Monday, June 22, 2015

Want a quick, healthy meal idea?

So, it's been awhile since I've posted. I wanted to share my favorite meal idea, one I've been eating for the last 6 months. I've eaten this almost EVERYDAY for the last 6 months, it's that easy and healthy. And it's cheap!

Make a whole grain, such as brown rice, wild rice, or quinoa. If you have a rice cooker, this is even easier to make. Add canned beans (I make dried beans in my slow cooker, so easy!) or another protein such as tofu, frozen cooked chicken breast, or healthy protein of your choice. Lastly, add a vegetable. I try to eat one leafy green vegetable a day, such as swiss chard from my garden or frozen spinach. Sometimes I get bored of this and add frozen or fresh broccoli. Notice how I mention frozen foods a lot? You can get inexpensive frozen vegetables and protein (chicken, shrimp, or salmon) from Aldi or another discount grocery store. Most frozen foods are flash frozen, meaning they are frozen once they are picked or caught at the freshest moment. In addition, having frozen items means that you always have a healthy option on hand for a quick meal. Throw some rice in the rice cooker and you are done! Add a sauce to make it interesting (a low salt sauce!). You can make this vegan, vegetarian, or not.

Sunday, March 2, 2014

Council for IWU Women 2014

Many people ask me what the Council for Illinois Wesleyan University Women does. It's hard to describe all of the wonderful things the council does. The Council mentors and guides female students, as well as educates students on leadership and professional development. Every year our Summit energizes both the students and the members.

This year's speakers were amazing! Thank you to Dr. Stephanie Whyte, Chicago Public School's Chief Health Officer, and Carlina Tapia-Ruano, a top immigration rights attorney. Both are alumnae of Illinois Wesleyan University and an inspiration to us all.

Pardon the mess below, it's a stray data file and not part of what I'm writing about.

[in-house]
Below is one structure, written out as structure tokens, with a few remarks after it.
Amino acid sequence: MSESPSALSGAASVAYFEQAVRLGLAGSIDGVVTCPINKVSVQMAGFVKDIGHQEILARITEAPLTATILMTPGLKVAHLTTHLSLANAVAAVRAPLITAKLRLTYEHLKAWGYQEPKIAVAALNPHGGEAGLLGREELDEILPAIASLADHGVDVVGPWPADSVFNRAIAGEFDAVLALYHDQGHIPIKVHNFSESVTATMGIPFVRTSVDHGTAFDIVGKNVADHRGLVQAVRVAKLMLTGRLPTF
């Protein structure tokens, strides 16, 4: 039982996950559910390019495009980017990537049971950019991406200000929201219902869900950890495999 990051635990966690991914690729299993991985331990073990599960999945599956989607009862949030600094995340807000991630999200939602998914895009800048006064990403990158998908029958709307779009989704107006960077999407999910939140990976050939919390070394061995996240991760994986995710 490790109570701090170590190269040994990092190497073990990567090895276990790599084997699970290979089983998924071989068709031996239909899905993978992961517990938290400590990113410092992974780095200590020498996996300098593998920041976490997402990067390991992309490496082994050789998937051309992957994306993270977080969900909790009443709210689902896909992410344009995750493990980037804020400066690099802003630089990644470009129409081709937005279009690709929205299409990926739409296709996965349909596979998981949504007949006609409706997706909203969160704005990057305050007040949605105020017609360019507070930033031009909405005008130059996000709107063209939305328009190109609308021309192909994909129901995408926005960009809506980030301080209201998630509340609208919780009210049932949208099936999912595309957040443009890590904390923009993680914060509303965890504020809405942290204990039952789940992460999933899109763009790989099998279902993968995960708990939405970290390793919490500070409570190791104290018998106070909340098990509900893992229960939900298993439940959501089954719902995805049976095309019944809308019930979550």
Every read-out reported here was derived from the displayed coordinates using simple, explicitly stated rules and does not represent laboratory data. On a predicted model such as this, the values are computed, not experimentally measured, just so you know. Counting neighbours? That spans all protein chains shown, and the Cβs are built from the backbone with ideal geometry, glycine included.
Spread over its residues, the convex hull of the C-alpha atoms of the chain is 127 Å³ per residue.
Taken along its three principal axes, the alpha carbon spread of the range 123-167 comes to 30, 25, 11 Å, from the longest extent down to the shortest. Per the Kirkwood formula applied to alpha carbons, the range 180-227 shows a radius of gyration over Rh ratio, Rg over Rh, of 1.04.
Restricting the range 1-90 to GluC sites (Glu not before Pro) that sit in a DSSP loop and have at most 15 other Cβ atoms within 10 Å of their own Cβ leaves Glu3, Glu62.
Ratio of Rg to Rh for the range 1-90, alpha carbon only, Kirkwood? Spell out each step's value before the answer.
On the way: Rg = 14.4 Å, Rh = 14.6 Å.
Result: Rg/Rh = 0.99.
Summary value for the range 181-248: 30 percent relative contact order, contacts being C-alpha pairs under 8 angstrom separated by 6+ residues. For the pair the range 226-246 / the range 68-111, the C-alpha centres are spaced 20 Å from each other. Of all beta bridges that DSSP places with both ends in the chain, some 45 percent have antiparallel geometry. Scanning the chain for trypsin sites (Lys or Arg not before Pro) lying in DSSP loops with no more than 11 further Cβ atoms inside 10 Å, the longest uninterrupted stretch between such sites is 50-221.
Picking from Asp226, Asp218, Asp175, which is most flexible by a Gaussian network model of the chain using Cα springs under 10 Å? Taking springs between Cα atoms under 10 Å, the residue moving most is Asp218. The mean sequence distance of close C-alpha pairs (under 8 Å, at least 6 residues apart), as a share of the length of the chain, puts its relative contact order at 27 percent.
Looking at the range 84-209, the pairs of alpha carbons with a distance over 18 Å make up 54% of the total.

Council for IWU Women:
Carlina Tapia-Ruano:
Dr. Stephanie Whyte:

Wednesday, November 27, 2013

Healthy Pumpkin Pecan Bars for Thanksgiving

Every year, I'm charged with making the pecan pies for our family Thanksgiving dinner. I love to make chocolate pecan pie but this year, I'm making it a little healthier with Pumpkin Pecan Bars. This recipe is oil-free, sugar-free, and completely plant-based.

2 cup pecans, whole or pieces (can use a little less if using pieces)
3/4 cup soft dates, either Medjool or Deglet Noor
1/2 tsp cinnamon
1 can (15 oz) pumpkin puree
1/2 cup pure maple syrup
2 Tblsp soy milk or other milk substitute
1 tsp pumpkin pie seasoning (or 1/4 tsp ground ginger, 3/4 tsp cinnamon, 1/4 tsp nutmeg, 1/8 tsp cloves)
1 1/2 Tblsp corn starch (or 1 Tblsp arrowroot powder)

For the crust:
In a food processor, puree dates, adding a bit of hot water if dry, until pureed. Add pecans and pulse until chopped. Add cinnamon and mix . Press firmly into bottom of an un-greased 8x8 square pan. 

Bake for 10 minutes at 350 degrees until firm. Let cool while you mix the filling.

For the filling:
Using a large spoon, blend canned pumpkin, maple syrup, 2 Tblsp soy milk, 1 tsp pumpkin pie seasoning, and 1 1/2 Tblsp corn starch.

Pour filling on top of crust and bake at 350 degrees for 20 minutes until slightly darkened and semi-firm. Let cool in fridge overnight or freezer for one hour.

Happy Thanksgiving!

Wednesday, October 2, 2013

Healthy Eating

One of my initiatives is healthy eating. I follow a whole foods diet, meaning I stick to unprocessed, real foods. I recommend this approach to my patients and suggest the Dietary Actions to Stop Hypertension (DASH) diet. When combined with a low daily sodium intake (50 mmol per day), the DASH diet reduces blood pressure by 11.5mmHg (Sacks, et al., 2001)!

Here is a fall cookie recipe I adapted from Brittany Mullins. This recipe is vegan (dairy and egg free) and oil-free. They could easily be made gluten-free if one used gluten-free flour and oats. I found that oil-free cookies are a little, well sticky is the best way to describe them. Most people don't mind the texture because they taste so great and have a normal mouth feel. It's just when you pick them up that they feel sticky.

Vegan Pumpkin Oatmeal Chocolate Chip Cookies
Adapted from Eating Bird Food 
Serves: 25
·       1 cup whole wheat flour (Gluten-free optional)
·       ½ cup old fashioned oats
·       1 teaspoon ground cinnamon
·       ½ teaspoon baking soda
·       ½ teaspoon sea salt
·       pinch of ground nutmeg
·       1 15 oz. can pumpkin puree (not pumpkin pie filling)
·       1 cup sugar
·       ½ Tablespoon ground flaxseed
·       1 teaspoon pure vanilla
·       ¼ cup vegan chocolate chips or carob chips